Gross Profit

Gross profit is the amount the business remains with after deducting the cost of providing its services or making and selling its products. Gross profit is normally reflected on a company’s income statement and is calculated by reducing the cost of goods sold from the sales.

The term “gross profit” is sometimes interchanged with gross income or sales profits.

A business analyzes gross profit to find out how efficiently it’s using its supplies and labor to produce and sell products or services. The gross profit captures variable costs – costs that vary depending on the level of production and sales. They include things such as:

  • Direct labor
  • Cost of materials
  • Shipping costs
  • Commissions to the salespeople
  • Utilities directly used in the production process, etc.

Gross Profit is calculated as follows:

Formula: Gross Profit = Revenue − Cost of Goods Sold

Gross profit does not capture other costs including fixed costs such as rent and salaries since they’re not directly attributed to production. Still, a section of the other fixed costs is linked to product costs under a concept called absorption costing, as required by the generally accepted accounting principles (GAAP). If, for example, a business produces and sells 1,000 bicycles in a given month and rent for the period amounts to $2,000, each unit of the bicycle will have an additional cost of $2 for rent.

Gross profit should never be confused with operating profit, which is profit after calculating tax. Operating profit is attained after deducting operating expenses from gross profit. Operating expenses are things like salaries, admin expenses, rent, utilities, and so on.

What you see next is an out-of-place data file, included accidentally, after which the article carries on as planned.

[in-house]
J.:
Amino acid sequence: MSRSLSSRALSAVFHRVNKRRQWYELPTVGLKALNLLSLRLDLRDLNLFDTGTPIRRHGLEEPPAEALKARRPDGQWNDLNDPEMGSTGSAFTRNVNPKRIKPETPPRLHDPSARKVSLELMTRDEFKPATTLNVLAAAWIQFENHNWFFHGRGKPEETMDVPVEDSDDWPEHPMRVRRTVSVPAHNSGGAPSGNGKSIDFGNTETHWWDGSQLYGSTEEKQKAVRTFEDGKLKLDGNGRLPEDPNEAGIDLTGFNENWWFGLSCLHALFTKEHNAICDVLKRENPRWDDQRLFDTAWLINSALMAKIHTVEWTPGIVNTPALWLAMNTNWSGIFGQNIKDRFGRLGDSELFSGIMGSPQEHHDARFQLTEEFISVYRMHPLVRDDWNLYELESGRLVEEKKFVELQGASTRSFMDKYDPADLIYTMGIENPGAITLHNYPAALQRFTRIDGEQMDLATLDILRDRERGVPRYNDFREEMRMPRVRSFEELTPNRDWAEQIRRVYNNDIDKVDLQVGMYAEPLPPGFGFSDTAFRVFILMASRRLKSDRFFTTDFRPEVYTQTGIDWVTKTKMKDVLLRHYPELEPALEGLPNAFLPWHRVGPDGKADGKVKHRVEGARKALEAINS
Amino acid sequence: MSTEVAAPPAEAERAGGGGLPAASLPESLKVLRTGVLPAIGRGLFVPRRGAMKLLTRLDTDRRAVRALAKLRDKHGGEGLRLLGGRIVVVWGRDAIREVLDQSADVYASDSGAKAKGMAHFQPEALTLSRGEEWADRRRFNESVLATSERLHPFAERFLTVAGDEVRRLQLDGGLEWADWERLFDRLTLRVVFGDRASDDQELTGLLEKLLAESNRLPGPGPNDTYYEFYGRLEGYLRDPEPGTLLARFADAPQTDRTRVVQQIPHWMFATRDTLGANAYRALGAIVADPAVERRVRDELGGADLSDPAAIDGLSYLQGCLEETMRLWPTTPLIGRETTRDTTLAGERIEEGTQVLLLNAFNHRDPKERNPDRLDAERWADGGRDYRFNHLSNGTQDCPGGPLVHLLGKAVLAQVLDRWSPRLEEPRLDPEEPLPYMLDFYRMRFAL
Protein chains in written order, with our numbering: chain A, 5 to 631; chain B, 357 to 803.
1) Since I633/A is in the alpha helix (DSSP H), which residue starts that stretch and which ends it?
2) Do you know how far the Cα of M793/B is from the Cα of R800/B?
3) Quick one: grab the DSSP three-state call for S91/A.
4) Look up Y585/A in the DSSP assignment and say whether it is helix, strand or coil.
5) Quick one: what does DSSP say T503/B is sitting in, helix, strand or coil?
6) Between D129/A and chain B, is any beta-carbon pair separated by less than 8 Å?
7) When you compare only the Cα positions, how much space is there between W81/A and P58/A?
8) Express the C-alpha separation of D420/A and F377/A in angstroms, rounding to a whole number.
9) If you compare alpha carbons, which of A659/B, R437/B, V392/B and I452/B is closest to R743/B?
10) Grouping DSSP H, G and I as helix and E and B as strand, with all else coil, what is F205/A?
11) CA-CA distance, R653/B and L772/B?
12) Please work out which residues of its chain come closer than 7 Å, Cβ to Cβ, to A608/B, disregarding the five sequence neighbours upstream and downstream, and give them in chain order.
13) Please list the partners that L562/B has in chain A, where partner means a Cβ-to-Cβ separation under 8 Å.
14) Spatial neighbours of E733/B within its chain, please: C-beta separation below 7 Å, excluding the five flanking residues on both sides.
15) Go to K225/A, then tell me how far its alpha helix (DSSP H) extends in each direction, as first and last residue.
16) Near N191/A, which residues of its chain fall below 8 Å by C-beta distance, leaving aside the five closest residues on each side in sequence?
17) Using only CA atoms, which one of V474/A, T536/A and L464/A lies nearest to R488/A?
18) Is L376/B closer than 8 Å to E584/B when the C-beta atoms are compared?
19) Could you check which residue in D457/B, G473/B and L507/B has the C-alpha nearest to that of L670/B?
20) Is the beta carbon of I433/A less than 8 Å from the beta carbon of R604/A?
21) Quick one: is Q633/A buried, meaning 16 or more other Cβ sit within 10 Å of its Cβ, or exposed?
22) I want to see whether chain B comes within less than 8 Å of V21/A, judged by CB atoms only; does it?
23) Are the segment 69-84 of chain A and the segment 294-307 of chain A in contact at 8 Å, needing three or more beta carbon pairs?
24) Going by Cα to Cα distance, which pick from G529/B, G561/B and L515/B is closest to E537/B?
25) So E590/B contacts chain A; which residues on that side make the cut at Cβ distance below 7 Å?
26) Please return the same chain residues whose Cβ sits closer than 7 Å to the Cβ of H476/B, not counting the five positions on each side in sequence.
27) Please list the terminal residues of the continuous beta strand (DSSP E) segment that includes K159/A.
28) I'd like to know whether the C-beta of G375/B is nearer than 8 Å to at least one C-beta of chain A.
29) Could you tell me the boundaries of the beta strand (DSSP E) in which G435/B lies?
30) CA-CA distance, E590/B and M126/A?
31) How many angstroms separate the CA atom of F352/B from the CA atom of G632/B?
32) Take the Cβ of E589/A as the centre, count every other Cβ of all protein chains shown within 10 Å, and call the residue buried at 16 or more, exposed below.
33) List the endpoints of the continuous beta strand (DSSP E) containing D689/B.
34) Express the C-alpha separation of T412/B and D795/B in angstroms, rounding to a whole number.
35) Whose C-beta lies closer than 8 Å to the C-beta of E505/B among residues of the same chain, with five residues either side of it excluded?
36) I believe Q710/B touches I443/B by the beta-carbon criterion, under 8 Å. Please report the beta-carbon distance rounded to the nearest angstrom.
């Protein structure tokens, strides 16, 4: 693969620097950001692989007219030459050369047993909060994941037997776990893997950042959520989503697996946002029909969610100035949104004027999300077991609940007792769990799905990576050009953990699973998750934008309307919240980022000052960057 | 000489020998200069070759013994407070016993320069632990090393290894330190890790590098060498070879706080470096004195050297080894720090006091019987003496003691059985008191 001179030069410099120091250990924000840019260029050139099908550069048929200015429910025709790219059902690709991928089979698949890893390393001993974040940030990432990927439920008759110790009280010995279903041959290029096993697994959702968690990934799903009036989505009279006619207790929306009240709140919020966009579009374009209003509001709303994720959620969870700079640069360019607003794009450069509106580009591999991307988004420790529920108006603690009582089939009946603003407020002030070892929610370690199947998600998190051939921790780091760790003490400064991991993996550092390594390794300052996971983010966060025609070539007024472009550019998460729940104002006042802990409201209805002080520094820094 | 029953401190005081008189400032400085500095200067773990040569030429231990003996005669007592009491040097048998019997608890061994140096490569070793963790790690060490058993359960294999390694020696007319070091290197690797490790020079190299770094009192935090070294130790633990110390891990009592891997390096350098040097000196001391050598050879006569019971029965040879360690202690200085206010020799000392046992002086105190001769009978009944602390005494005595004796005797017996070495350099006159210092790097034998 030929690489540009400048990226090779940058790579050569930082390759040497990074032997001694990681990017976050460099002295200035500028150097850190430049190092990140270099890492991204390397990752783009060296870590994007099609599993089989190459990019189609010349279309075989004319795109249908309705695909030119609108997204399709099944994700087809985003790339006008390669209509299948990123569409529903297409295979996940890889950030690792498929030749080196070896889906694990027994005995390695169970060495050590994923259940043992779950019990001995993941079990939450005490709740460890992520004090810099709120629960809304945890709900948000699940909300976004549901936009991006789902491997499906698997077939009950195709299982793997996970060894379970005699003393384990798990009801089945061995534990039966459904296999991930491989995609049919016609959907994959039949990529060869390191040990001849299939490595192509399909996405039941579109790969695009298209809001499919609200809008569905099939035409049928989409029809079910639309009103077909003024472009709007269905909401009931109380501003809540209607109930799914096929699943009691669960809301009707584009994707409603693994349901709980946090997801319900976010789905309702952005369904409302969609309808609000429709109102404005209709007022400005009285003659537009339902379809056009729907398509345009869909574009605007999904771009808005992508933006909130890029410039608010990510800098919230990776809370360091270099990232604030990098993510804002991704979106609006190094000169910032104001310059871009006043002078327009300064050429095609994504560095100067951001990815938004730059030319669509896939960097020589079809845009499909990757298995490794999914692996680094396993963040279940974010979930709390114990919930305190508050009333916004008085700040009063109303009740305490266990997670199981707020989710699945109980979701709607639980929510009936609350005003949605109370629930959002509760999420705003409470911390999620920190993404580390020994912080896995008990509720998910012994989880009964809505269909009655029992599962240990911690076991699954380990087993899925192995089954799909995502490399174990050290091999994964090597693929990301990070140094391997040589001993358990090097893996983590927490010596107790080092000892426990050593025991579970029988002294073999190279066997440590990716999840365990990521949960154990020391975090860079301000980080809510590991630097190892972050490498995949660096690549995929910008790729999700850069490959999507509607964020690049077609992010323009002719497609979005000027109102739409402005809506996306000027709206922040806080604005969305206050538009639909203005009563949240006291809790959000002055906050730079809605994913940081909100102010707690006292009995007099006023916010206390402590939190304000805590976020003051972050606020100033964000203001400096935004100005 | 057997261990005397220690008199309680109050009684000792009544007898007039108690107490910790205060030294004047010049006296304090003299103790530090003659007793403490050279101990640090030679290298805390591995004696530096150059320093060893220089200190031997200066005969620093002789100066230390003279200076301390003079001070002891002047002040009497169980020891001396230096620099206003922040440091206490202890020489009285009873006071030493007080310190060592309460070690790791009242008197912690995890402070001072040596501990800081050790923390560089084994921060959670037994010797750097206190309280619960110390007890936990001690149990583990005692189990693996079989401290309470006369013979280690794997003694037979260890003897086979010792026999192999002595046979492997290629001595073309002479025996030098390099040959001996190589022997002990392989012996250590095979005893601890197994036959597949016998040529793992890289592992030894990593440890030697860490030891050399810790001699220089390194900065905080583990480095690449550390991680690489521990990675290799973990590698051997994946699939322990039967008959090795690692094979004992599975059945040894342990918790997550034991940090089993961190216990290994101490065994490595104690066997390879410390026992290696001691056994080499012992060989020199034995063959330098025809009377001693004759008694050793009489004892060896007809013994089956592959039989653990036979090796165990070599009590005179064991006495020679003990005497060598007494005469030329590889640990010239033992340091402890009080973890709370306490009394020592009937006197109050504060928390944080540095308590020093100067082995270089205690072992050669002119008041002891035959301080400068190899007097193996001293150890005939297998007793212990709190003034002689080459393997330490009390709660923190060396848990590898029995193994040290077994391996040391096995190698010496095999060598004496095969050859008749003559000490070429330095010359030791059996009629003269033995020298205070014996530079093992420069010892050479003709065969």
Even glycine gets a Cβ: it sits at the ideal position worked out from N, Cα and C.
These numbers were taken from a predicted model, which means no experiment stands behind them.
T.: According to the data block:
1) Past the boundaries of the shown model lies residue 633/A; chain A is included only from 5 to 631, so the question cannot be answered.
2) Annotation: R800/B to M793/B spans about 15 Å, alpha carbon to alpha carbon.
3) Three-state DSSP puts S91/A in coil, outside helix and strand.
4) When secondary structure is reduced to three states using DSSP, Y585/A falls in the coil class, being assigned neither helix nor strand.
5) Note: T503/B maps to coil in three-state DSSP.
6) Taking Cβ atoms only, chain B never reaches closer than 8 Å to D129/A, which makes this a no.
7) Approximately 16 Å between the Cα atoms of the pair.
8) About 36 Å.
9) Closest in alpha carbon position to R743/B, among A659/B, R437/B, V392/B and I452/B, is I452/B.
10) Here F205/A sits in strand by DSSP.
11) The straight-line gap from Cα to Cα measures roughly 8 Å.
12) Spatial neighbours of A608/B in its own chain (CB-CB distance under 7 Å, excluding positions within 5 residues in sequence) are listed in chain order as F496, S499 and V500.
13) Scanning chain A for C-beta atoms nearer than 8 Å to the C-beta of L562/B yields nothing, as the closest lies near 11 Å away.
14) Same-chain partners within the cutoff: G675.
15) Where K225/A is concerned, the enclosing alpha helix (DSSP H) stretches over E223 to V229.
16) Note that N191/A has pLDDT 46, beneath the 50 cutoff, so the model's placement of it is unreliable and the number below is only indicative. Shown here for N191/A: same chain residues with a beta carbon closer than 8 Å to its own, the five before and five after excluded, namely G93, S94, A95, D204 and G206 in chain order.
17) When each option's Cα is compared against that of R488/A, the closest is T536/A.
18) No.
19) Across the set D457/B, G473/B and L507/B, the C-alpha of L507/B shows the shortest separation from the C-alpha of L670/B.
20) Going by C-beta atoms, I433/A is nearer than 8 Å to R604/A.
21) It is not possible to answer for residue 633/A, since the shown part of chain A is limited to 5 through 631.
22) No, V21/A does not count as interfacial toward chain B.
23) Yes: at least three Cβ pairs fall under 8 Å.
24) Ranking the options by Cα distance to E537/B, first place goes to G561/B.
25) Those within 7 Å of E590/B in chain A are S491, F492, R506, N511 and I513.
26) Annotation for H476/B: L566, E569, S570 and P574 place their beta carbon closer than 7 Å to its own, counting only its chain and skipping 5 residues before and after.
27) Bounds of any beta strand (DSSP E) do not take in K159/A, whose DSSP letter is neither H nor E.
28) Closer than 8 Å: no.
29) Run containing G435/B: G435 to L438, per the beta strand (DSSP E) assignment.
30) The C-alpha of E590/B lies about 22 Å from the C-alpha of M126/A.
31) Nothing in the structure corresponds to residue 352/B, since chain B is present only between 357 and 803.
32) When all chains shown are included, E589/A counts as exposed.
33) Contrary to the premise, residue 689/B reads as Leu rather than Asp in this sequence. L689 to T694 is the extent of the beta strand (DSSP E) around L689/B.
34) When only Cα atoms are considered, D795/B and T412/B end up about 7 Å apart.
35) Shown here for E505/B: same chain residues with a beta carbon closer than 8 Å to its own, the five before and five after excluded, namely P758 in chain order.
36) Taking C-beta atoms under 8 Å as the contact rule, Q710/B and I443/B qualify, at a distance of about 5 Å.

How Gross Profit Works

To further help you understand your business gross profit, consider this sample income statement for a motor vehicles company:

Revenues   In USD 000    
 Cars   500,000
 Parts   100,000
 Car Service    20,000
 Total Revenue   620,000
 Costs and Expenses       
 Less: Cost of sales
(labor, materials, etc.)
 Gross Profit   420,000

Other expenses will then be deducted from the gross profit until the final net profit after tax is attained.

But what is a good gross profit margin? To answer that, you must first understand the gross profit margin.

What is a gross profit margin?

A gross profit margin is a financial metric used to analyze a company’s financial health by subtracting the sales from the cost of goods sold. It is always expressed as a percentage of the net sales.

Gross Profit Margin = (Net Sales – Cost of Goods Sold) / Net Sales

From the example above, the Gross Profit Margin is as follows:

(620,000 – 200,000)  / 620,000= 68%

This means that the company’s products attract a gross profit margin of 68%.

So, in closing, what is a good profit margin?

A good gross profit margin varies from industry to industry. That notwithstanding, as a general rule of thumb, a net profit margin of 10% is considered average, 20% is considered “good”, while above 21% is considered excellent.